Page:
That’s a good question. I think the answer is complicated.
There is some evidence that RFID could theoretically interfere with hospital systems, but I have not heard of any hospitals actually experiencing such issues, so I don’t believe that is the big obstacle. Rather, I think the biggest challenge is simply getting companies to change the way they do things.
There is always some risk inherent in making any changes, so hospitals need to feel there are a great deal of benefits and little risk to changing. Right now, they simply don’t feel that way. One reason is a lack of standards. There are firms using a wide variety of RFID systems to track patients and other applications. If all were using the same technology, that would reduce the risk.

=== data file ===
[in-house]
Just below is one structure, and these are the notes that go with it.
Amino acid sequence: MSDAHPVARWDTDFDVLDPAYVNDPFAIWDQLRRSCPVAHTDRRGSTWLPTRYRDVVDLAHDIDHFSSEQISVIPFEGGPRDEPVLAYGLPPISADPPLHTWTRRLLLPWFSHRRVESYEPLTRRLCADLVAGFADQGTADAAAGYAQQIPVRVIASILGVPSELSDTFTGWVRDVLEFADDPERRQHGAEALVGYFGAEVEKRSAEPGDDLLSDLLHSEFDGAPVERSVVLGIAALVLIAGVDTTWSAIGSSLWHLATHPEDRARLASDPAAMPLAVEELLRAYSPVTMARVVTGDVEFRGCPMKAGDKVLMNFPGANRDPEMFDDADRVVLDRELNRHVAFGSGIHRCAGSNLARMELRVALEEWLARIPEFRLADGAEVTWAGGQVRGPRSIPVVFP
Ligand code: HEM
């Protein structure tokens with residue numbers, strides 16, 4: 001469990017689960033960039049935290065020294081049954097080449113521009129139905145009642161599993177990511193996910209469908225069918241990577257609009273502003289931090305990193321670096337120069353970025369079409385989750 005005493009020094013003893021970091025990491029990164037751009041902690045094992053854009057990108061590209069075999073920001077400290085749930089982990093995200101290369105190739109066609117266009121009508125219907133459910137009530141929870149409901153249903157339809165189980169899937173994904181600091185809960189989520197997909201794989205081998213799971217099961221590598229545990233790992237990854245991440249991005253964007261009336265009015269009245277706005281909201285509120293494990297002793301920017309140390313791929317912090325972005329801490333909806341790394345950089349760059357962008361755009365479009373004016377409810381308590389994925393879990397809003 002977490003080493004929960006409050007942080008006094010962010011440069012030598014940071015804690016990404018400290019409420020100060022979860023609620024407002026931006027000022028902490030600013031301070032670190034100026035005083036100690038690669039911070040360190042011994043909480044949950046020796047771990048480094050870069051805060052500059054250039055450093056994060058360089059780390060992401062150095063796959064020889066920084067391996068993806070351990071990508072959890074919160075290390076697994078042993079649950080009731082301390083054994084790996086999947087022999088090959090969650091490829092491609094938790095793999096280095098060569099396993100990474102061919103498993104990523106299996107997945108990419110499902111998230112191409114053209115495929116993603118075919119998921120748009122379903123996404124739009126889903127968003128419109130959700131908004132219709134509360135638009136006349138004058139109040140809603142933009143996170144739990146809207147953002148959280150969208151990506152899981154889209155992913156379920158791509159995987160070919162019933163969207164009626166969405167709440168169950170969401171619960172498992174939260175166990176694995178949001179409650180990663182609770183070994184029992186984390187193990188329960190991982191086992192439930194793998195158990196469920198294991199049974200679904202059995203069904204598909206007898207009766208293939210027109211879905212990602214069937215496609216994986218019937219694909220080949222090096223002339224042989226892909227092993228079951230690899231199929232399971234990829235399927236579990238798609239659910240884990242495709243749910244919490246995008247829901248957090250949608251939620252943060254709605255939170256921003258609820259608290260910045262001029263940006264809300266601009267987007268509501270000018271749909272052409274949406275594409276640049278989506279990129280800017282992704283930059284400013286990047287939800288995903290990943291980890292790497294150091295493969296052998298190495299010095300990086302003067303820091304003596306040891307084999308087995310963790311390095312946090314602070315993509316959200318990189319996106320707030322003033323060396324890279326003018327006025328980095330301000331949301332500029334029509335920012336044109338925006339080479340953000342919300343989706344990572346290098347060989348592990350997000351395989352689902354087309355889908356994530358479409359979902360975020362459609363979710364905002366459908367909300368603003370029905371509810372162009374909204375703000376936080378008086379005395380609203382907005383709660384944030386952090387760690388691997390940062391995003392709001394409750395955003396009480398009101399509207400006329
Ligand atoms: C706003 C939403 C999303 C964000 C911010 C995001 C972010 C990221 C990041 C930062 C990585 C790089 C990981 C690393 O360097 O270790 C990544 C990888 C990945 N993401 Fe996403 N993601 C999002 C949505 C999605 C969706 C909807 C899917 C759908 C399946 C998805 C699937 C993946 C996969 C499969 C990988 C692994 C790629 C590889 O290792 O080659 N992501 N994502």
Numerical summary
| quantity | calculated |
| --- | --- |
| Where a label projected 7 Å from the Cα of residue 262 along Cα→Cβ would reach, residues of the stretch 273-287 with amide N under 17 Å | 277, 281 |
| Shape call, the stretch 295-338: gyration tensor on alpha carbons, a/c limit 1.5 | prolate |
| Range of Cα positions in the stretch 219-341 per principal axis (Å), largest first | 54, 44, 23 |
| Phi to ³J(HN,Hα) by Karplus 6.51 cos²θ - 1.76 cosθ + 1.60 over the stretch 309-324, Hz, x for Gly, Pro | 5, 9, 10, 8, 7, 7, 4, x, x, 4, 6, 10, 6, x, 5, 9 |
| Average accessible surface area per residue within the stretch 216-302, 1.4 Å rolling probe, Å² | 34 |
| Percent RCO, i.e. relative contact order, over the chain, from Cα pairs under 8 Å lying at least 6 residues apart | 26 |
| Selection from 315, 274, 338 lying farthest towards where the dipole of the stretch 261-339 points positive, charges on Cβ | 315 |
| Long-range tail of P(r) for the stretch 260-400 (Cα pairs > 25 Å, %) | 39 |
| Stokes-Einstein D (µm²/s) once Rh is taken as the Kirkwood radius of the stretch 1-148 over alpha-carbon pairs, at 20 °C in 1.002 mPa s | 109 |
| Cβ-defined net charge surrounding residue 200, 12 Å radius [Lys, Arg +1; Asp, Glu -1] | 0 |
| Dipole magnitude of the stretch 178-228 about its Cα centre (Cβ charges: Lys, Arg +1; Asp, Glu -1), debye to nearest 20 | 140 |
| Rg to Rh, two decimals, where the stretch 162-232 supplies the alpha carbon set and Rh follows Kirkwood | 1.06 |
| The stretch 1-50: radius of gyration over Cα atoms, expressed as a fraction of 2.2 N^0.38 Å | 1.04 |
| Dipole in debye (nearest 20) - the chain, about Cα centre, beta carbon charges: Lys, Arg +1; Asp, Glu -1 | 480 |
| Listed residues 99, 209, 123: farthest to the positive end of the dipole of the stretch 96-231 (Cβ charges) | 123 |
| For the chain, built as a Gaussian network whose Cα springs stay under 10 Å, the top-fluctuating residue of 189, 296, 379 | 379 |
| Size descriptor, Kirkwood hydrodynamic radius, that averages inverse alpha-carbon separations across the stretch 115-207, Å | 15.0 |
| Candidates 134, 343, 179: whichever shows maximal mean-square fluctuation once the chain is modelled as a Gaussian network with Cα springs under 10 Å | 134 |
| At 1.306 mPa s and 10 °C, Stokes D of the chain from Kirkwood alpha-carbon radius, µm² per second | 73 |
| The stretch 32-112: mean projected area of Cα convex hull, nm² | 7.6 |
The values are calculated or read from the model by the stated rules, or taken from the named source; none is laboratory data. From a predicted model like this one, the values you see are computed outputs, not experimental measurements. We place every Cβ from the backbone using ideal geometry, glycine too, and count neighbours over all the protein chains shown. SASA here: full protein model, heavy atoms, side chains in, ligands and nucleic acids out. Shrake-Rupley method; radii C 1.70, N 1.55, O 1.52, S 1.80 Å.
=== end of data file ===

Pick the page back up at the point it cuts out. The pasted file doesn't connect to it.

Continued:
Another issue, I think, is capital budgets. Hospitals have been affected by the downturn, just as other organizations have. People still get sick, of course, but they tend to put off elective surgeries and visit doctors less frequently when the economy is bad. That means budgets are squeezed, and hospitals might not have the resources to deploy an RFID system.
Geoffrey Moore, author of Crossing the Chasm and Inside the Tornado, suggests that new technologies are adopted by early adopters with a compelling need. Then, when vendors create a “whole” product that does everything a customer requires in one particular market, such as health care, a growing number of people will adopt. When a market leader emerges, everyone adopts.
I think we will likely see this happen in health care.
—Mark Roberti, Editor, RFID Journal
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